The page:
Wednesday, March 15, 2006


I'm back to the original question that spawned this blog: Will I, or wont I, ever have a baby? I'm back to that familiar tension between two fears, one: waiting too long for the right time, finding that the opportunity has passed me by, and two: taking the plunge too soon into water too deep.

On my run yesterday I thought about a story Thich Nhat Hanh relates, of the Buddha sitting in the woods with a group of monks. A distraught farmer happens by, in search of his missing cows. "I am the most miserable person on Earth," the farmer says. After the farmer leaves, the Buddha turns to the monks with a smile, saying, "Dear friends, do you know that you are the happiest people on Earth? You have no cows to lose."

Hanh says we should cultivate the art of releasing our cows by looking deeply at the things in life that we are unable to leave behind, things that we may feel are vital to our happiness and survival. These things, in reality, may be traps, obstacles to our truest happiness, because they cause us to suffer.

As I ran yesterday, I worried that a baby could be a trap for me. I certainly wouldn't be able to release that cow. Or perhaps my reluctance itself is the cow, my fear that I would not be able to figure out how to take good care of myself or be part of the larger world, to feel excited and fulfilled while changing diapers and folding laundry.

Worrying over the future rather than enjoying my present, the record-long run I was in the midst of, seemed a trap in its own right.

Running has not, traditionaly, been my thing. I never saw myself as someone who was capable of much in that regard. I remember how triumphant I felt at twenty, when I first ran one single mile without stopping, and here I was at thirty-six, running more than six. Talk about inflexible vision! I considered the possibility that I might run as many as eight miles in the not too distant future. I don't know if I'll ever do it, and in a way, I don't care. Just the thought made me happy.

Then it occurred to me: perhaps I've become too attached to the traditional white picket fence vision of happiness and fulfillment, in which, if I embrace parenthood, I must confine my life's focus to domesticity, or if parenthood doesn't pan out for me, that I must therefore be unhappy. Perhaps that is the cow, that inflexible vision of my own limitations.

This morning I opened Thich Nhat Hanh'sEssential Writings to the story of the Buddha and the cows, and read again, and finally understood the following:

"The key thing is to let go and free yourself..." Hanh says. "Each of us is caught in an idea of happiness. We believe we will be truly happy when certain conditions are fulfilled. We don't realize that this idea is an obstacle to our true happiness. If we can release our idea of happiness, true happiness is born in us right away."

I felt happy reading this.

Good bye cows.


Anonymous said...

Does this mean that you've given up on having children?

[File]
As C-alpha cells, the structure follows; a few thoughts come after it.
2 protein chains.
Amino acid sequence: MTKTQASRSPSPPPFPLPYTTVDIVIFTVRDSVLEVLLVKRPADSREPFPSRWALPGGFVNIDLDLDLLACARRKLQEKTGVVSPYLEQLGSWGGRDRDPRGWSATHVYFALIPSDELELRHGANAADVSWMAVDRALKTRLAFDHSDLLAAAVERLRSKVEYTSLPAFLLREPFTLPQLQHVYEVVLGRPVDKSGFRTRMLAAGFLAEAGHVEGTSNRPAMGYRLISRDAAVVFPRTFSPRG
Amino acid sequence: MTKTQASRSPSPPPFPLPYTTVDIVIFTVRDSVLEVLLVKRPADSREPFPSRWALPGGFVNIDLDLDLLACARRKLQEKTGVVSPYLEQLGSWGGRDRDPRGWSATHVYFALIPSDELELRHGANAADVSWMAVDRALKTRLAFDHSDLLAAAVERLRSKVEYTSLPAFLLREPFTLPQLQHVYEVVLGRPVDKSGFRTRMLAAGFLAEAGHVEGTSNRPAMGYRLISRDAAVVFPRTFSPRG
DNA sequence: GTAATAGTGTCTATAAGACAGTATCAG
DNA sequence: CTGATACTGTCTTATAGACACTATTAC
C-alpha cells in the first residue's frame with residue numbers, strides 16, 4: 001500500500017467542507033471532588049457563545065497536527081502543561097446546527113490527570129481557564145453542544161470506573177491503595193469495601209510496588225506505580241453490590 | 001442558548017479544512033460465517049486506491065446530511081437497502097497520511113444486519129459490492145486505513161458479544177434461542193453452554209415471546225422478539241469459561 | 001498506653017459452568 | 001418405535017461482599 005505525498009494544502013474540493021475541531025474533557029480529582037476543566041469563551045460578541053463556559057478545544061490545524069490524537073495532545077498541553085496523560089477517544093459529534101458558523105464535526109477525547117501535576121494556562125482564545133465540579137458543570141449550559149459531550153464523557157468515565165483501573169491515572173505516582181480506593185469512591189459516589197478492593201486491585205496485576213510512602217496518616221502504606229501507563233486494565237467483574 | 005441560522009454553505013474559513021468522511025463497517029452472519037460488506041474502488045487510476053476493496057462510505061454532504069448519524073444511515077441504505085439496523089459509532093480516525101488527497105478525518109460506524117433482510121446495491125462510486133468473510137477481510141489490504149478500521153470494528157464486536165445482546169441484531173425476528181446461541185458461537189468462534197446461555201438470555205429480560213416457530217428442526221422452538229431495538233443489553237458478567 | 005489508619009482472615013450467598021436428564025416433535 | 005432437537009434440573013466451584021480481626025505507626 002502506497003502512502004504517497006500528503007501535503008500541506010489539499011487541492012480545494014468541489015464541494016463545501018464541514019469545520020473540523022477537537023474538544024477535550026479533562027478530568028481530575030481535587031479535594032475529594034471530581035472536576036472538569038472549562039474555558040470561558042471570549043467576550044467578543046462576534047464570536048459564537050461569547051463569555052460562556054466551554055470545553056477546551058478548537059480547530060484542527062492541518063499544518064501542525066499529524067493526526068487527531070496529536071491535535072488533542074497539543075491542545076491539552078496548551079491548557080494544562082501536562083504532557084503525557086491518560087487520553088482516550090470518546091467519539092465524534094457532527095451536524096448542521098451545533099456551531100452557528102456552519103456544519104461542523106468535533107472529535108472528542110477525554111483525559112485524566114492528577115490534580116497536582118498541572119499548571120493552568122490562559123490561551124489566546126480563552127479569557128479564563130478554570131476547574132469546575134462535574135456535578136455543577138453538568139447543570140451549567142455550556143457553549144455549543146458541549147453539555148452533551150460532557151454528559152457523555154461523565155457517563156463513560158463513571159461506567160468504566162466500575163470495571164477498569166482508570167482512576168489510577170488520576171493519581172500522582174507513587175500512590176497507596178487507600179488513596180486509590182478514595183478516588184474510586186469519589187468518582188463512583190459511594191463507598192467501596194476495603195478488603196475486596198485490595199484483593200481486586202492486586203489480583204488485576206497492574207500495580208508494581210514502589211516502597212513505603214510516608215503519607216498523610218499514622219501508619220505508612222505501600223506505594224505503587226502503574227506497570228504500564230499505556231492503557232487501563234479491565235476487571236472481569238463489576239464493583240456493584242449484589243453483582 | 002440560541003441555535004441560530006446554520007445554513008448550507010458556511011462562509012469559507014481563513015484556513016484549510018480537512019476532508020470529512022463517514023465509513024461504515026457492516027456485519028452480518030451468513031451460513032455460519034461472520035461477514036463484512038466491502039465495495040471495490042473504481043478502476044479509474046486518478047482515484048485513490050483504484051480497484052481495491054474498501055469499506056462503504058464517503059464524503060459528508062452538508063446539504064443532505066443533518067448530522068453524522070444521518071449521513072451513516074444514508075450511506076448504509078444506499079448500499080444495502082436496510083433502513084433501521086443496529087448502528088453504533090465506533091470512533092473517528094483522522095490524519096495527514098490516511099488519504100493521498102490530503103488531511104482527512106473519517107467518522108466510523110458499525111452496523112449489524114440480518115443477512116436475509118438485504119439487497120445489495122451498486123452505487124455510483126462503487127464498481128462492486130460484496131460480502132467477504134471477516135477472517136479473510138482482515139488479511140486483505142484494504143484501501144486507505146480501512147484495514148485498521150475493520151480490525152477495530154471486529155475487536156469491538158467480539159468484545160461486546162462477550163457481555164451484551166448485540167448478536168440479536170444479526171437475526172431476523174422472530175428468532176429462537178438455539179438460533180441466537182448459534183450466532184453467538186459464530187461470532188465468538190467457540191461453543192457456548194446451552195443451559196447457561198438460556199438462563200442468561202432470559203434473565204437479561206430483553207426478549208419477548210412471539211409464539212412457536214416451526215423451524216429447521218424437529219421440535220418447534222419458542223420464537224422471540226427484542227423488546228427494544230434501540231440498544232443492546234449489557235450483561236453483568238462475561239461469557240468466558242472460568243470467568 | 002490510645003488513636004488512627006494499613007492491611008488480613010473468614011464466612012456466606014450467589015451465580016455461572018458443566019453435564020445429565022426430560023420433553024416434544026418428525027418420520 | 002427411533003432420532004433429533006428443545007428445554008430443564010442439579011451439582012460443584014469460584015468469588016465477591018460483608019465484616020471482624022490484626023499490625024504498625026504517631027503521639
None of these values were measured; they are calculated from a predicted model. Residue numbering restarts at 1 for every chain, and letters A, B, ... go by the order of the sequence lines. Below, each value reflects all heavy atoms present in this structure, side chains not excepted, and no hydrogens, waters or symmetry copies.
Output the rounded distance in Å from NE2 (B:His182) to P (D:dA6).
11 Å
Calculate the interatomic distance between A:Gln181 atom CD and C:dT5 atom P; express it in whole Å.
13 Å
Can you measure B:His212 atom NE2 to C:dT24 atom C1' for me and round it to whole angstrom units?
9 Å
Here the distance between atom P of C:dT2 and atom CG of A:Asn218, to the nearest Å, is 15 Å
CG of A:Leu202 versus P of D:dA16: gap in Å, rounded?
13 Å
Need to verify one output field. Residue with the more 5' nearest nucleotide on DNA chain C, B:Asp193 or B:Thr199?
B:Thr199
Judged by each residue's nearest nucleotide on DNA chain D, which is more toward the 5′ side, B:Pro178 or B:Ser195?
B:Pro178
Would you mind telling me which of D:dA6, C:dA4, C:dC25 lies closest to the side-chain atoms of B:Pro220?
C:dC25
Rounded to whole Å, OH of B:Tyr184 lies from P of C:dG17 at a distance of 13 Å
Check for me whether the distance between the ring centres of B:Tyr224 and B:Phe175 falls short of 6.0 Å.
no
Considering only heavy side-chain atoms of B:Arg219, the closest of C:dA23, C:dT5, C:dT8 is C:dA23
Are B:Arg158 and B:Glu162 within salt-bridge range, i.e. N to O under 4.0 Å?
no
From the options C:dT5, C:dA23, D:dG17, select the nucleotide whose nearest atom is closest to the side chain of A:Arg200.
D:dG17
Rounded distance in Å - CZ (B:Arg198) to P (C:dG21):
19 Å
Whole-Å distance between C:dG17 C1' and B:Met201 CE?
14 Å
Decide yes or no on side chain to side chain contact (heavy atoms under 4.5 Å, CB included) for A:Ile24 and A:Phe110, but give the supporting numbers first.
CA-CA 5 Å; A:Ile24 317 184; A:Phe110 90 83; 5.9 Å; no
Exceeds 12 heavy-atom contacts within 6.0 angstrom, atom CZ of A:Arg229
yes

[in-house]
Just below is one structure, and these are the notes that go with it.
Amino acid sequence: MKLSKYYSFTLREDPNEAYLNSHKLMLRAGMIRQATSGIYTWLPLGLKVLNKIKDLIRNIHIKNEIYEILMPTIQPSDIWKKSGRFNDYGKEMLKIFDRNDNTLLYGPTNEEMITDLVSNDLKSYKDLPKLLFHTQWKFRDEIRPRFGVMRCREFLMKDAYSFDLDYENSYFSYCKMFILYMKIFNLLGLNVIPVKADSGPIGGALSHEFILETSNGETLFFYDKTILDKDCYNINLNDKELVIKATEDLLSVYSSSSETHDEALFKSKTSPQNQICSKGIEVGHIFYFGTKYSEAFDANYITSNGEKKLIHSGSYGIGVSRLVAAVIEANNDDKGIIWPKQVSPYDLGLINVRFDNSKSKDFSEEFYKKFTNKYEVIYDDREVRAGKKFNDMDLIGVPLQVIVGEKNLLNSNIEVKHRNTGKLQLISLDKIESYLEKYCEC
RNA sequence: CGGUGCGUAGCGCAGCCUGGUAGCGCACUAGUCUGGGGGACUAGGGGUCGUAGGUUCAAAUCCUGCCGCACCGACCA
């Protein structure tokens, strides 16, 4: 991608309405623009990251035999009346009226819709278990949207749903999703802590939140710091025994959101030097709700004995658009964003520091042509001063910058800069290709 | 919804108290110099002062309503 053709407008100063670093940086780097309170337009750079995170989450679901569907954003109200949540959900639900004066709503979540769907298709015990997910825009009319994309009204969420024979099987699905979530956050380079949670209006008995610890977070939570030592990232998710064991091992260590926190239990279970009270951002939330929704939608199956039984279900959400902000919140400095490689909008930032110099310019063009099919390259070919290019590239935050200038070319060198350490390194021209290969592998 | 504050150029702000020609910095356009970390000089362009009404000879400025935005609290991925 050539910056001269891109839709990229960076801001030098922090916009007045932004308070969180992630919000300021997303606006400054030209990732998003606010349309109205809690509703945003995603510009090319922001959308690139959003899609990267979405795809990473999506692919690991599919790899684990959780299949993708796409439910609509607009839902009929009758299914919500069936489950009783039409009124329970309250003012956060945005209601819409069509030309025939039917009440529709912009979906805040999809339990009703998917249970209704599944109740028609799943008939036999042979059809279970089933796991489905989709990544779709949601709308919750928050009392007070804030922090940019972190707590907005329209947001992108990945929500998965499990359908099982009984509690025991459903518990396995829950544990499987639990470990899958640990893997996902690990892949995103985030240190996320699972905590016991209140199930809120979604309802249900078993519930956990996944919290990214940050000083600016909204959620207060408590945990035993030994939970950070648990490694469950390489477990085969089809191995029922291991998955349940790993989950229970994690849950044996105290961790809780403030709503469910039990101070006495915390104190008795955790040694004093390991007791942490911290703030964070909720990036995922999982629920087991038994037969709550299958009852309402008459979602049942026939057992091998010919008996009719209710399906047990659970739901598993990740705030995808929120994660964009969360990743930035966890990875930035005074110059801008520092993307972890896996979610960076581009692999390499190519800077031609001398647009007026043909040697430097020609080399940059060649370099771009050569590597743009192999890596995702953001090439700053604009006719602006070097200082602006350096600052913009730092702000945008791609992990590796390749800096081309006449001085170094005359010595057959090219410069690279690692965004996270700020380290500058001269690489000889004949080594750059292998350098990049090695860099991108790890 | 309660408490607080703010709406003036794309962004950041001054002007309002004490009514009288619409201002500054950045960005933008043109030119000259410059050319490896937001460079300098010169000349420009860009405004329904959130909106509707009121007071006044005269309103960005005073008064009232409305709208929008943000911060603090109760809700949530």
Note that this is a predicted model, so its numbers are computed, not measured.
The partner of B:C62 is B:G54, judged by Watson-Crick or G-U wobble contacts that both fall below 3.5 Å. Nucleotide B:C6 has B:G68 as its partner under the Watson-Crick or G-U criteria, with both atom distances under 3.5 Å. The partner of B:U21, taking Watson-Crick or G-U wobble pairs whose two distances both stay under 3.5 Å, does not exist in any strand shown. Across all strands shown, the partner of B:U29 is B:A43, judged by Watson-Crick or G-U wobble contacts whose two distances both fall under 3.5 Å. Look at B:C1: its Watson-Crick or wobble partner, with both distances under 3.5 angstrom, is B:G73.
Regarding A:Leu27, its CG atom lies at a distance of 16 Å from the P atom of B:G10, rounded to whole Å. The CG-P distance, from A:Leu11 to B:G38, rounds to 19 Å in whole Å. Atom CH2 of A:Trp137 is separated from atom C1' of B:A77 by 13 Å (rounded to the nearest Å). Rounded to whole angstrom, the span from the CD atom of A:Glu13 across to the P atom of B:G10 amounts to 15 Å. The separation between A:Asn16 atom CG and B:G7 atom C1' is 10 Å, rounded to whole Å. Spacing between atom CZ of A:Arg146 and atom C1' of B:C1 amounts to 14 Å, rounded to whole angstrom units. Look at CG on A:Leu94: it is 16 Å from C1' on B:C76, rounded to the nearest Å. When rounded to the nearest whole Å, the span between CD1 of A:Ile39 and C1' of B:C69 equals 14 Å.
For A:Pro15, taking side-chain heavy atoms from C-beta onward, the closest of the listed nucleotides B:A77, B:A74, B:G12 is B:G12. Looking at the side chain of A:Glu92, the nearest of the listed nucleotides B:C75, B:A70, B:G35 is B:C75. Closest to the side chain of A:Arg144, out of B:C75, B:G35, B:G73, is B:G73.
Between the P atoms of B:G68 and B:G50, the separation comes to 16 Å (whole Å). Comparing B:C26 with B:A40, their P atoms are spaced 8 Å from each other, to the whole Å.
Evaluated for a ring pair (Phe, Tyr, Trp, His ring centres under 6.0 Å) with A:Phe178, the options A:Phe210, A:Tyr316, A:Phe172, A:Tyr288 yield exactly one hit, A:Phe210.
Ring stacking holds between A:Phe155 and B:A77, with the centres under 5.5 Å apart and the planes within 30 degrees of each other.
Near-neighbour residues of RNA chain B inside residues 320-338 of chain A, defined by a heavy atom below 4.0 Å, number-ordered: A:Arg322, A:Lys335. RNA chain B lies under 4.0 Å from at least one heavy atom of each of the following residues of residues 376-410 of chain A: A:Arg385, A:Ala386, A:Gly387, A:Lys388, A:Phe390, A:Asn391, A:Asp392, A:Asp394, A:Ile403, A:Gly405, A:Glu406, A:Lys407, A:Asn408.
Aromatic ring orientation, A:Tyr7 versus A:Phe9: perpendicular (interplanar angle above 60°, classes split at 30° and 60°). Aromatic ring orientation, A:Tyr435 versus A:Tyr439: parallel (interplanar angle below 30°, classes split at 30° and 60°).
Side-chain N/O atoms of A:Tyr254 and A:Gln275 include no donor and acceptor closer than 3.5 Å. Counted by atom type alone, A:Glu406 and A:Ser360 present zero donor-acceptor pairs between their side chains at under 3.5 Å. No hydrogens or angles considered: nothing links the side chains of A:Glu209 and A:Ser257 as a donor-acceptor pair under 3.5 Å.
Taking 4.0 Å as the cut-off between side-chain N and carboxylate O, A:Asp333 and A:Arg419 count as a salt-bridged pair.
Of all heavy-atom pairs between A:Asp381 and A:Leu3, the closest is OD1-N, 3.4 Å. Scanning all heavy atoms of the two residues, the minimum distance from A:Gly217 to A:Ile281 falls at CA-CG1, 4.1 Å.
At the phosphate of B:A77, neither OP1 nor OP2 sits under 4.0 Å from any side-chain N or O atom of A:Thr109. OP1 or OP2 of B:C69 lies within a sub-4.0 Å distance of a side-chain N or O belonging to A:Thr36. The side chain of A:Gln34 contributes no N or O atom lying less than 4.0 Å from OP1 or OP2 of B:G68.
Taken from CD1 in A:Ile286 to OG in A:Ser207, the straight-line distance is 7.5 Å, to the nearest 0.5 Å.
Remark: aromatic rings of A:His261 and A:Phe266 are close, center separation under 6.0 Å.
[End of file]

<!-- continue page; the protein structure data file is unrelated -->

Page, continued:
Amy said...

good question, to which the answer is: not at all. What I'm giving up on is trying to conform to a very rigid idea of what is supposed to bring me happiness. If I am lucky enough to be a mother, I'll do it my way, rather than the way I think I'm supposed to. It'll be an adventure, it'll be hard and wonderful and awesome. I'll hire someone to do the laundry if I can't bear it anymore, or else, I'll throw a laundry party for all my friends. The point is, I'll pay attention to what isn't working and be creative.

If I'm not a mother, then I won't comform to the equally rigid idea that my life should therefore be hollow and sad. I'll go out late dancing and I'll ladle heaps of love on others - both adults and kids. I'll give away the energy I would have given to a child. I wont bottle it up...

I'll explore this more in my upcoming blog entries, I promise.

Thanks for the comment.

Celeste said...

The thing is, the diapers and the laundry don't last. They may be obstacles, but only temporarily. I love your idea of a laundry party! You could meet a friend at a laundromat and bring decadent pastries to enjoy in the downtime.

I would also add that some of these chores don't always feel like drudgery. There is a certain beauty in caretaking, and sometimes even sorrow at giving up the accoutrements of a certain stage, or even seeing the adorable small clothes give way to larger sizes.


Amy said...

Amy, I am a 34 yr old who just had a baby. I too felt many of the things you explained in your previous posts and I think sometimes I jumped in to the water too quickly. I was very torn between this unexplainable desire to bear a child and the fierce determination not to lose my sense of self or independence. What I hope to offer you is this: When you are a mother, it is very hard to do things your way, its the part I struggle with the most. I pictured myself as a cool mom, doing my own thing, but it is all very different than what I pictured in my head. Not to say its bad different, but I want to tell you this because I read so much of myself in your post. It is very hard to be fulfilled doing the laundry and the endless list of things you suddenly find you have to do whether you want to or not, but the fulfillment you will fine looking into the smiling face of a child will be sooo much deeper than what you could imagine. After having my baby I spent many days imaging what my life had been like if I hadnt taken this plunge, but with time has come the gradual acceptance and hearfelt gratitude that I did. I wish I had a cool parable to relate this story to, but just know that what ever happens, you will be happy. Im blogging too, check it out if you have the chance or feel free to email. Best of luck in whatever your future holds.